Believe it or not, this week we're going to open with Countdown once again. AND, this time it's for GOOD reasons!
Get this -- Countdown #32 actually Got Somewhere! Mary Marvel has FINALLY met up with Eclipso. We've known this was going to happen for four months, we've been waiting, and waiting and waiting, and Finally, we got somewhere! Meanwhile, Jimmy Olsen is actually somewhere intriguing -- Cadmus. If anyone can get to the bottom of Jimmy's little problem, it's those kooks at Cadmus! OK, most of the time those people are useless. Either way, it's an interesting development. If all that isn't enough, we also got to watch Piper defeat a Mummy by playing a tune on a cell phone!
Countdown #32 wasn't perfect by any means -- the art is still sub-par (I think we're just going to have to endure that each week), and all that ridiculous underage drinking stuff was, well, ridiculous (honestly, Wonder Girl and Supergirl have both been drunk already, you know they have) -- but it was actually good this week, for maybe the 5th or 6th time in it's first 20 issues.
The best issue of the week was likely Captain America #30. I predicted some sort of twist in this issue, and Brubaker delivered better than I could have hoped. It's been a slow enjoyable ride to this point, but now the wheels are finally turning in this post-assassination story. Sharon Carter has fallen back under Dr. Faustus' spell. Tony Stark now knows what Sharon has done. And, the Winter Soldier is about to be brainwashed. Who needs Steve Rogers?!?
And the biggest revelation of the issue (which was speculated by some for months) was that Steve Rogers apparently told Tony Stark he wants Tony to find a new Captain America. And, given the character moments Bucky showed in not killing in this issue, all signs point to him. I doubt it, but all signs point to him.
Tales of the Sinestro Corps presents Parallax was a little bit from column A and a little from column B. On the one hand, it was clearly an excuse for DC to milk the Sinestro Corps War for more of your money. The issue really has no ramifications on the War, and has no meaningful resolution. On the other hand, it is a nice story about Kyle Rayner, and if you are not the biggest Kyle fan or don't know too much about him, this issue will teach you all about who he is and why he's a pretty cool character. These one-shots certainly aren't necessary to buy -- but they might not be the worst needless tie-ins ever.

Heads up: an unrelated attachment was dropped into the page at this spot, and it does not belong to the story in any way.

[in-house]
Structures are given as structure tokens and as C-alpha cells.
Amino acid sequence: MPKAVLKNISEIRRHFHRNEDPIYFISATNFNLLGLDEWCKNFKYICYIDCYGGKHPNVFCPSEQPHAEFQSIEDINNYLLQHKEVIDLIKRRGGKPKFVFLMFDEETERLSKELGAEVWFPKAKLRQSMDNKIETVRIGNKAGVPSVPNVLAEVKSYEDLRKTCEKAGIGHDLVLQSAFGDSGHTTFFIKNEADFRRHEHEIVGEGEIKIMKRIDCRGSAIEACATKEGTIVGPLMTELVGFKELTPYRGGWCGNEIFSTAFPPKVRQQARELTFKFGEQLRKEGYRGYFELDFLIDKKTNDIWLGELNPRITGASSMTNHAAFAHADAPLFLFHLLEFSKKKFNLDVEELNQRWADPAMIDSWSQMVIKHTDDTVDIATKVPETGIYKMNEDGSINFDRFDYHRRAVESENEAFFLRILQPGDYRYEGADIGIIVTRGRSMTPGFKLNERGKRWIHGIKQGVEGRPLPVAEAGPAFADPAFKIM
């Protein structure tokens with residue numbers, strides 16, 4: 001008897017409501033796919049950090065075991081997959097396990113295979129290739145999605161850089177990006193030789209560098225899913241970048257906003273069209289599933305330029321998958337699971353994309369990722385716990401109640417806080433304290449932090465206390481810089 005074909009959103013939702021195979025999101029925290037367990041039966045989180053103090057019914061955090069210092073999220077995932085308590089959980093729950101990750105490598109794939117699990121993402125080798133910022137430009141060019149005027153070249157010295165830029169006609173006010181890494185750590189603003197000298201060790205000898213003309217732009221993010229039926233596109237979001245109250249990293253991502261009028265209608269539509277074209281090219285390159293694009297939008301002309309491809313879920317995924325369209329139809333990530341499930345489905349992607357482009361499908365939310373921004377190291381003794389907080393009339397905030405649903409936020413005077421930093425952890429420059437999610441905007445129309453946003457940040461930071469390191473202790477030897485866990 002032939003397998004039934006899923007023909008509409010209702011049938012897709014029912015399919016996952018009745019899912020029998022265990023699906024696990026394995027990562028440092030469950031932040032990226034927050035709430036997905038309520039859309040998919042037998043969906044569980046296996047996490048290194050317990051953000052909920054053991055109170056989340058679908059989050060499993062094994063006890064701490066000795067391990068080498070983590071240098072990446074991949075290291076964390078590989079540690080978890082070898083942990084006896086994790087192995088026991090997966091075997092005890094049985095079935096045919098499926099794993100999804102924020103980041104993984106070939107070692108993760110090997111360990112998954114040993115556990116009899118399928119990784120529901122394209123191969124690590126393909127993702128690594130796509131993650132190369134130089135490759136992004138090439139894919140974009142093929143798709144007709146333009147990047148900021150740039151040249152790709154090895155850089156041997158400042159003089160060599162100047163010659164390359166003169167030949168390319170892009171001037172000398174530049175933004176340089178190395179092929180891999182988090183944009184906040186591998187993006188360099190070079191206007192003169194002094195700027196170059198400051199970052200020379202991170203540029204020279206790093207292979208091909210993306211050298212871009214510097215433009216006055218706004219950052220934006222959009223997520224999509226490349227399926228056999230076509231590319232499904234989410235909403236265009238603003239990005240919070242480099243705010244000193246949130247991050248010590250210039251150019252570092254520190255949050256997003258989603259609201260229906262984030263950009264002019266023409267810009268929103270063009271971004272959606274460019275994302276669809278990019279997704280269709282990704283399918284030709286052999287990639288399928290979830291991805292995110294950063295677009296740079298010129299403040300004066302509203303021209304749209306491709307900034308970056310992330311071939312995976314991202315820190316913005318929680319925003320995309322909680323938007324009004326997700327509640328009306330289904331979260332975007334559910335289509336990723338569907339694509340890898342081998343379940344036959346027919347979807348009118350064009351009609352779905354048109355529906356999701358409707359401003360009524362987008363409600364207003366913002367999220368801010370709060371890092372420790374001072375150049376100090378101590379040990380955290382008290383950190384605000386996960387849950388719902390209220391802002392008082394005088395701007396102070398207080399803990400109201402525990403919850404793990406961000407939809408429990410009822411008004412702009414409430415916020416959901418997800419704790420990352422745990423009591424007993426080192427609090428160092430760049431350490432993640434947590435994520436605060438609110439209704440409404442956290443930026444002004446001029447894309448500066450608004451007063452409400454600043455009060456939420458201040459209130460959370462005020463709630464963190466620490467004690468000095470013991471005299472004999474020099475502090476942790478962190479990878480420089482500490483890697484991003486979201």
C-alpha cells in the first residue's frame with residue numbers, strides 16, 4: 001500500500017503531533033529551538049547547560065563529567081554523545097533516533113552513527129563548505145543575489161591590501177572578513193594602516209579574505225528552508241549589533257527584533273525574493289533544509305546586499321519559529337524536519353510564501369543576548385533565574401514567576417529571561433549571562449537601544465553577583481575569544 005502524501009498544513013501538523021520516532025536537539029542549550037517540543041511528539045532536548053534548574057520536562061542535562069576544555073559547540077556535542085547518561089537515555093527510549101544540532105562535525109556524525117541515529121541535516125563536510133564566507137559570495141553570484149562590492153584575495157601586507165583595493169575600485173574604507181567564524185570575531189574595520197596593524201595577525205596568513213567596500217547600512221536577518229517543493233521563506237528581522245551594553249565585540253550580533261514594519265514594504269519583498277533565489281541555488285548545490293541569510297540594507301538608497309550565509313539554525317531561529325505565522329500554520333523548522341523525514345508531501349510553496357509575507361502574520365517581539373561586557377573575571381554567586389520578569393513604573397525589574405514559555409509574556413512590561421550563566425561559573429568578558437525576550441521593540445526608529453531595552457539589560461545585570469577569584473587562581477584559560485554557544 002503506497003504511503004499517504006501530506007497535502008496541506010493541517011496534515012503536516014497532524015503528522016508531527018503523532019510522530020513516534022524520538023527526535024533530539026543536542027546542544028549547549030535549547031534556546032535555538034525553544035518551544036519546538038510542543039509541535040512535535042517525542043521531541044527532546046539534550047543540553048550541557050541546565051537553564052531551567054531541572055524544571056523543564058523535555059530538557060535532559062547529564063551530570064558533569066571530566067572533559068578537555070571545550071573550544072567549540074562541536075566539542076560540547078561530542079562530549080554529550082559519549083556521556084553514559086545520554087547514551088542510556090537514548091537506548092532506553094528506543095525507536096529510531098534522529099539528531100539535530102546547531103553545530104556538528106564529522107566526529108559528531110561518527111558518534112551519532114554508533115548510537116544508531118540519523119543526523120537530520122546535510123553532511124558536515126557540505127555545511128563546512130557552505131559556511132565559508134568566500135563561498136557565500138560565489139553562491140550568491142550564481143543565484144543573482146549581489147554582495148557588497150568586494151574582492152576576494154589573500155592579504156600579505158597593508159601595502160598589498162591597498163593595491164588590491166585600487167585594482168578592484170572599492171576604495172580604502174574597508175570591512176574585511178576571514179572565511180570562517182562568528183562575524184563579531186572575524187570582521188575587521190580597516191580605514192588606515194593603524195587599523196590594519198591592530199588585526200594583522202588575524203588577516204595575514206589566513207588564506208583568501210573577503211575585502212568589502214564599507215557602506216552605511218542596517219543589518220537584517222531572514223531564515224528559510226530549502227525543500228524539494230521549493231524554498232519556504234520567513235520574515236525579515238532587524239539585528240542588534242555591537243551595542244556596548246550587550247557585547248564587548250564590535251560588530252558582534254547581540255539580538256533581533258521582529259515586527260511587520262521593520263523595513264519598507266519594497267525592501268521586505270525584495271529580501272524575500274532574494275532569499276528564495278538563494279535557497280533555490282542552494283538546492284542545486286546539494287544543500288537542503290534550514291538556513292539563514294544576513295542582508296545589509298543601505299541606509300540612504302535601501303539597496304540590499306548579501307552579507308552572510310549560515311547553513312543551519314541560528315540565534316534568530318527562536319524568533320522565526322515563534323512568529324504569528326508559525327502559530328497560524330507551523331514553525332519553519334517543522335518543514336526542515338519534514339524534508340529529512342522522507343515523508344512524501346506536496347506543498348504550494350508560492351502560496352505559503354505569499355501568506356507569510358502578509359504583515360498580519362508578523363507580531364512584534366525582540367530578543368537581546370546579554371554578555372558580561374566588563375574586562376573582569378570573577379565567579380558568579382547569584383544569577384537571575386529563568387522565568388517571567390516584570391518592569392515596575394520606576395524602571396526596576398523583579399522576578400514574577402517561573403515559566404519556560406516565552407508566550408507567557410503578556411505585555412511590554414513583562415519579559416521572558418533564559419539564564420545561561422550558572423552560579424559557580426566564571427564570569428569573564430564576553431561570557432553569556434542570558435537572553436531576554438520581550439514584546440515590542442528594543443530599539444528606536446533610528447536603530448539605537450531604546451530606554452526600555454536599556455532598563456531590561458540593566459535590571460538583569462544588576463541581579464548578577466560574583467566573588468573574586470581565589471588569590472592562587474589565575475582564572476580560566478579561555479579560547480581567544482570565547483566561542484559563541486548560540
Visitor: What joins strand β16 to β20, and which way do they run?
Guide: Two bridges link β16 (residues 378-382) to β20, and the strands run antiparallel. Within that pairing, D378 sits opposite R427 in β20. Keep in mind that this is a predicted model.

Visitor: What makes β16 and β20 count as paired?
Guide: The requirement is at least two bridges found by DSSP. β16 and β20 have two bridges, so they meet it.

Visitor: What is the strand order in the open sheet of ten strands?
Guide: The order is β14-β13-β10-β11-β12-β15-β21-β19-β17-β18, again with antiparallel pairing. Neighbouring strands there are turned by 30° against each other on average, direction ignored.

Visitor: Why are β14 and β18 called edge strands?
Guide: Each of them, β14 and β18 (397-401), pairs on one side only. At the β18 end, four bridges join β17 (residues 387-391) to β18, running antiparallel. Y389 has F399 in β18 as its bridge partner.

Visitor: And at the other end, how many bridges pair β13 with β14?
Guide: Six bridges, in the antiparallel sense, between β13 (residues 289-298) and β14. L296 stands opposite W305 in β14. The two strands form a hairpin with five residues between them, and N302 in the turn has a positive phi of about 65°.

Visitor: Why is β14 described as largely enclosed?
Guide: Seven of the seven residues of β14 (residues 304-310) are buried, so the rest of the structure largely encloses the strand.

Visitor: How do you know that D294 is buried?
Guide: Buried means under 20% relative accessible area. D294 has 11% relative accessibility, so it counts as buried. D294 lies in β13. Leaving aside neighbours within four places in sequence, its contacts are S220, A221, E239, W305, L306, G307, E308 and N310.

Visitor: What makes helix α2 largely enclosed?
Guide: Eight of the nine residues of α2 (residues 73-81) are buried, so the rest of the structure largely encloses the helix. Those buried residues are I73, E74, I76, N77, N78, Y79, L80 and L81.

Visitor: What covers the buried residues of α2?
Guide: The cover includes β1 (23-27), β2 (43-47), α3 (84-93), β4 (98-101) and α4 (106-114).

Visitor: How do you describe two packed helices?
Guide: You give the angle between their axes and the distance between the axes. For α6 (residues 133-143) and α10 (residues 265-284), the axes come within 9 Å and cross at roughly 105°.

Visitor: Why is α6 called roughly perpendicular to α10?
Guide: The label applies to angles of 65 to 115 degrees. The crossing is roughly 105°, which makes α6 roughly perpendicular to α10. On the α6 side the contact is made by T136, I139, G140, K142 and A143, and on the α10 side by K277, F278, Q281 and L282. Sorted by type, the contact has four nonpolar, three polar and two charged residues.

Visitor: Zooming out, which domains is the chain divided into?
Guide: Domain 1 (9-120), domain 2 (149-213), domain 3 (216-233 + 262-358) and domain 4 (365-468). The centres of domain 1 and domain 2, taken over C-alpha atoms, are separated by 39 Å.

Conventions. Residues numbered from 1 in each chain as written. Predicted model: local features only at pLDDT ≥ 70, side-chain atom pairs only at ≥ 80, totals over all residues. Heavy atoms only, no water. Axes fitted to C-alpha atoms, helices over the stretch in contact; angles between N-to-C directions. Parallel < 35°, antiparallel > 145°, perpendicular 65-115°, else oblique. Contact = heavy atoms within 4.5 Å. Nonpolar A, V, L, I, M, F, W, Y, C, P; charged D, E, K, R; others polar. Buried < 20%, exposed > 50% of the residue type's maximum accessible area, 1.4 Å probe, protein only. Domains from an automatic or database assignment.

And speaking of wars, Green Scar is still waging his in World War Hulk #4. It's another solid issue, with plenty of more Hulk Smashing, another instance of Hulk saving, but most importantly, Hulk follows through on making Black Bolt, Mr. Fantastic, Dr. Strange and Iron Man battle in the Gladiator Ring.
The story and art both remain solid, and it is interesting to see that, as the gruesome torture wears on, some of Hulk's "warbound" are starting to ask him if it is enough and can they stop the violence. It would all be touching and a natural progression to the story -- if we didn't also see the Sentry finally jump into action at the end of this issue. Frankly, I cannot stand the Sentry. He's a useless whiner of a character. So, if he is the man to take down the Hulk in this next and final issue -- when bombs and giant monsters and interdimensional demons could not -- I'm going to be pretty unhappy with Marvel. Here's hoping that natural progression toward a peaceful ending continues, and Sentry gets his butt whooped.
Finally, I would be remiss if I didn't make special mention of New X-Men #42. The art in this book, as it has for the last few issues, is horrendous. Despite that, this issue is one of the most understatedly great pieces of reading that you'll come across. Frankly, I don't think I could do it justice to describe it. Simply put, these children have been through hell for the past two years of issues, and in this issue we see these children trying to work through those feelings of despair.
Throughout the first part of this book, one of the kids is popping her head in and out of each room, asking everyone how old they are. By about the mid-point of the book her reason is discovered -- some of the kids are trying to find out who the youngest mutant left alive is, believing that the youngest of them really doesn't have too much of a prayer of surviving too much longer. Maybe I'm just in an overly-sentimental mood, but I think this issue really hit the right notes.